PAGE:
7 Signs to Tell Booksellers Apart

There is a mysterious race living among us. They walk among us, communicate with us, replicate our emotions so well that we are tempted to believe they are one of us. No one knows whether they are aliens, cryptids, or plane-walkers. The one thing we know is that they are essentially, fundamentally different to us.

This enigmatic kind is known as booksellers.

What’s more: I’ll admit to being one of them.

We are everywhere. When you enter a bookshop, there we are. When you go into a library, there we are. When you go to a signing or a book launch of your favourite author, there we are. We look exactly like you, except for one little detail:

We have a lanyard around our necks.

We are one of the most elusive yet fascinating species in existence. Here is how to tell us apart.

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Yes, this guy is actually me

1. WE ARE BROKE

This is not because bookselling pays particularly badly. Don’t get me wrong, it does, but this is a vocational job you do because you love it. But the reason why the standard bookseller has less money in their pockets than time to advance through their TBR pile is because we spent it all on books. You think it’s difficult to resist the urge to buy books whenever you enter a bookshop? Try spending 8 to 9 hours there a day. We all succumb.

We all succumb.

2. WE CAN RECOMMEND BOOKS WE HAVE NEVER READ

When a customer comes and asks for the first time about a book you don’t know about, you try to get out of the predicament as politely as you can. When that happens twice, you start thinking that it would be a good idea to gain a better knowledge of that particular book. By the fifteenth time a customer asks for it, you already know more about than the author themselves.

3. WE CAN GET CHILDISH CREATIVE

This is a photo of a display I made when I was feeling creative.

It was one of the proudest days of my life.

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4. WE WORSHIP J.K. ROWLING AS A GODDESS

I don’t care if you’re a bookseller in Britain, France, the Maldives or Kamchatka; chances are that your number 1 bestseller is Harry Potter. As a colleague of mine put it when Very Good Lives came out: “This book is literally going to be putting food in your plate. It will sell enough to pay for your salary for a year!”.

Isn’t it great when the author you admire the most is also your main source of sustenance?

5. WE ARE HAPPY PEOPLE

The point is often made that customer service in bookshops is excellent, and that employees don’t have issues forcing a smile like they do in other businesses (just think how hard smiling is while working at KFC. Believe me, I’m talking from experience). That is because we love what we do. We love books, we know about books, and we would very gladly be doing our jobs for free if it came to that. To be able to live off it is like a dream come true!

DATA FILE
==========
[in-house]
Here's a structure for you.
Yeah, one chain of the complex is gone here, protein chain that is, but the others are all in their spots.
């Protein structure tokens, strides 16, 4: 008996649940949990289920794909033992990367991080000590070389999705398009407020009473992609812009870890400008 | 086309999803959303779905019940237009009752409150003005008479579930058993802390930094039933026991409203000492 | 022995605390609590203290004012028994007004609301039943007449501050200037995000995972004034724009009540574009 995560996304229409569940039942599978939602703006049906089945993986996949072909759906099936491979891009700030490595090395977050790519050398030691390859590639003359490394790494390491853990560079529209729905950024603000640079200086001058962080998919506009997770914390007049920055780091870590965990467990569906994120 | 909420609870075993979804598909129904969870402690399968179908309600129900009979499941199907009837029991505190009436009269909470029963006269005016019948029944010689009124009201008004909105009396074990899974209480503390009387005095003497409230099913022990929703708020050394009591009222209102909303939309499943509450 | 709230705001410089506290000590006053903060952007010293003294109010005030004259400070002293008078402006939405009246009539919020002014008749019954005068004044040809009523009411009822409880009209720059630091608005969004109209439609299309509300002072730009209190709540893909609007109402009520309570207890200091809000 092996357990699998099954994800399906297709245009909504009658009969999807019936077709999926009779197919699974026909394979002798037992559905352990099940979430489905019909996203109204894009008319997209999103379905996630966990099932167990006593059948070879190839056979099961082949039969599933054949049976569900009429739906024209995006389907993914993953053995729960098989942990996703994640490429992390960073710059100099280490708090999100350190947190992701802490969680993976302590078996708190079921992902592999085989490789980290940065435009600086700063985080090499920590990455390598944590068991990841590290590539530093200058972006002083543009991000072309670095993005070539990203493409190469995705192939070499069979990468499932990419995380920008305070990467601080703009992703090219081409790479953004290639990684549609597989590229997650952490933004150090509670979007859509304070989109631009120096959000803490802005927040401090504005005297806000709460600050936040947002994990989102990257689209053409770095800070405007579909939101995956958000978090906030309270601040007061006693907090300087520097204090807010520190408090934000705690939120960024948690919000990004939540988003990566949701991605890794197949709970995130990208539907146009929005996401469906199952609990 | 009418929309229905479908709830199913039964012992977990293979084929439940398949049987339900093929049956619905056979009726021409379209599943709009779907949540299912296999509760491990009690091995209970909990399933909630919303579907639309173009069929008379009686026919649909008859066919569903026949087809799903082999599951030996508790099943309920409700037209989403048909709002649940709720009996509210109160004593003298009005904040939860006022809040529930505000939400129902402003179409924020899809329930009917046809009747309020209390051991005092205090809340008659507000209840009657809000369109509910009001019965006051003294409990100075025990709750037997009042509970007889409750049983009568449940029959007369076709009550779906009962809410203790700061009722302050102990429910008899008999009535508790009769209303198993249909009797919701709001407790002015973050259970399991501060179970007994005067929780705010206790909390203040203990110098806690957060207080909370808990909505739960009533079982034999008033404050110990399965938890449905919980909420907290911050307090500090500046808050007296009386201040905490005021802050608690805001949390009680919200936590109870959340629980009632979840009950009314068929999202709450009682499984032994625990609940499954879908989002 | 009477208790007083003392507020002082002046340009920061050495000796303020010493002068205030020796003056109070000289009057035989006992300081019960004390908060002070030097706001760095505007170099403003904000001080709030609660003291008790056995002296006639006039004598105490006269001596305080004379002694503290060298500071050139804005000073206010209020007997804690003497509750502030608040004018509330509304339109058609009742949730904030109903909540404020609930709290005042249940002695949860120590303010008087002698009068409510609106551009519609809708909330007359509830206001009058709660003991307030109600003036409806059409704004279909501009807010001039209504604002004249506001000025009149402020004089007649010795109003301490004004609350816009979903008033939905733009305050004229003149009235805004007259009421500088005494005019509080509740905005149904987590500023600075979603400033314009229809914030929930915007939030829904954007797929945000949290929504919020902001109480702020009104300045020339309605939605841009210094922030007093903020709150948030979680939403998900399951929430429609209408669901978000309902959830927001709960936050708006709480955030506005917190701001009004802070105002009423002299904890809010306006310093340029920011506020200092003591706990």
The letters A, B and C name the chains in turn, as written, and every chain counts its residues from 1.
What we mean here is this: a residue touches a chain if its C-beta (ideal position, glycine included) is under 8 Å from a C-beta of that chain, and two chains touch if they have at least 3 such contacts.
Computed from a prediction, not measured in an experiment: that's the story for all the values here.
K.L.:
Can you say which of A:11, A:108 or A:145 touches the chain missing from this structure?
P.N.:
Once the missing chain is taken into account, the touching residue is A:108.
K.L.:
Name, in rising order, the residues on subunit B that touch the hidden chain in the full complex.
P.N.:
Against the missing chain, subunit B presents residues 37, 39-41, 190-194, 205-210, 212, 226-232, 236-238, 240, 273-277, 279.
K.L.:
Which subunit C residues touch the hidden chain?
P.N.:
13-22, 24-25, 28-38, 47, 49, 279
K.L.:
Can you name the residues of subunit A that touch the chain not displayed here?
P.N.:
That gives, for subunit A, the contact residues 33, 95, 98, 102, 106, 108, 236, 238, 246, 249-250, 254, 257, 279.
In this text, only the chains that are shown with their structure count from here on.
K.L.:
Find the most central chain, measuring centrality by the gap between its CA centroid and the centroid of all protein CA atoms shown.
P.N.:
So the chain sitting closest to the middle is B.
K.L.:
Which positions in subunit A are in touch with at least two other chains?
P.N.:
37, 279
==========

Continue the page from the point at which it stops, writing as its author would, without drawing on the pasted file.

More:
6. WE ARE MOSTLY GEEKS

It may come as a surprise—not—, but every time a new Marvel movie comes out, or a Comic Con is in town, or there is a book signing from a YA author, booksellers will flock like gnus. Some friends of mine and I have a regular gaming night every week. And of course, every single one of us will be able to tell you what Hogwarts house we belong to—usually Ravenclaw or Hufflepuff, as I mentioned in an earlier post.

Gaming

7. WE ARE LIFERS

I find it surprising how many of my colleagues tell me that they’ve been working in our bookshop for 14, 32, or 50 years. Many of them tell me the same story: they started out as part-timers, and now it turns out that they have spent their whole life in Blackwell’s. I haven’t been in many jobs where people stayed for so long, and still didn’t get bored or fed up of their job. Although, two years into my bookselling career, I can definitely see the appeal…

Those are only a few of the signs that distinguish us from the rest of the normal, fully-functional people. Please do let me know if there is anything I have missed! 🙂

Disclaimer: All the images in this post are the property of Miguel Olmedo Morell

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7 thoughts on “7 Signs to Tell Booksellers Apart

      1. Nadia L King

        Lol – I’ve only just worked out how to get ARCs. I would be awful working in a bookshop – completely poverty stricken, surrounded by so much temptation.

        Liked by 1 person

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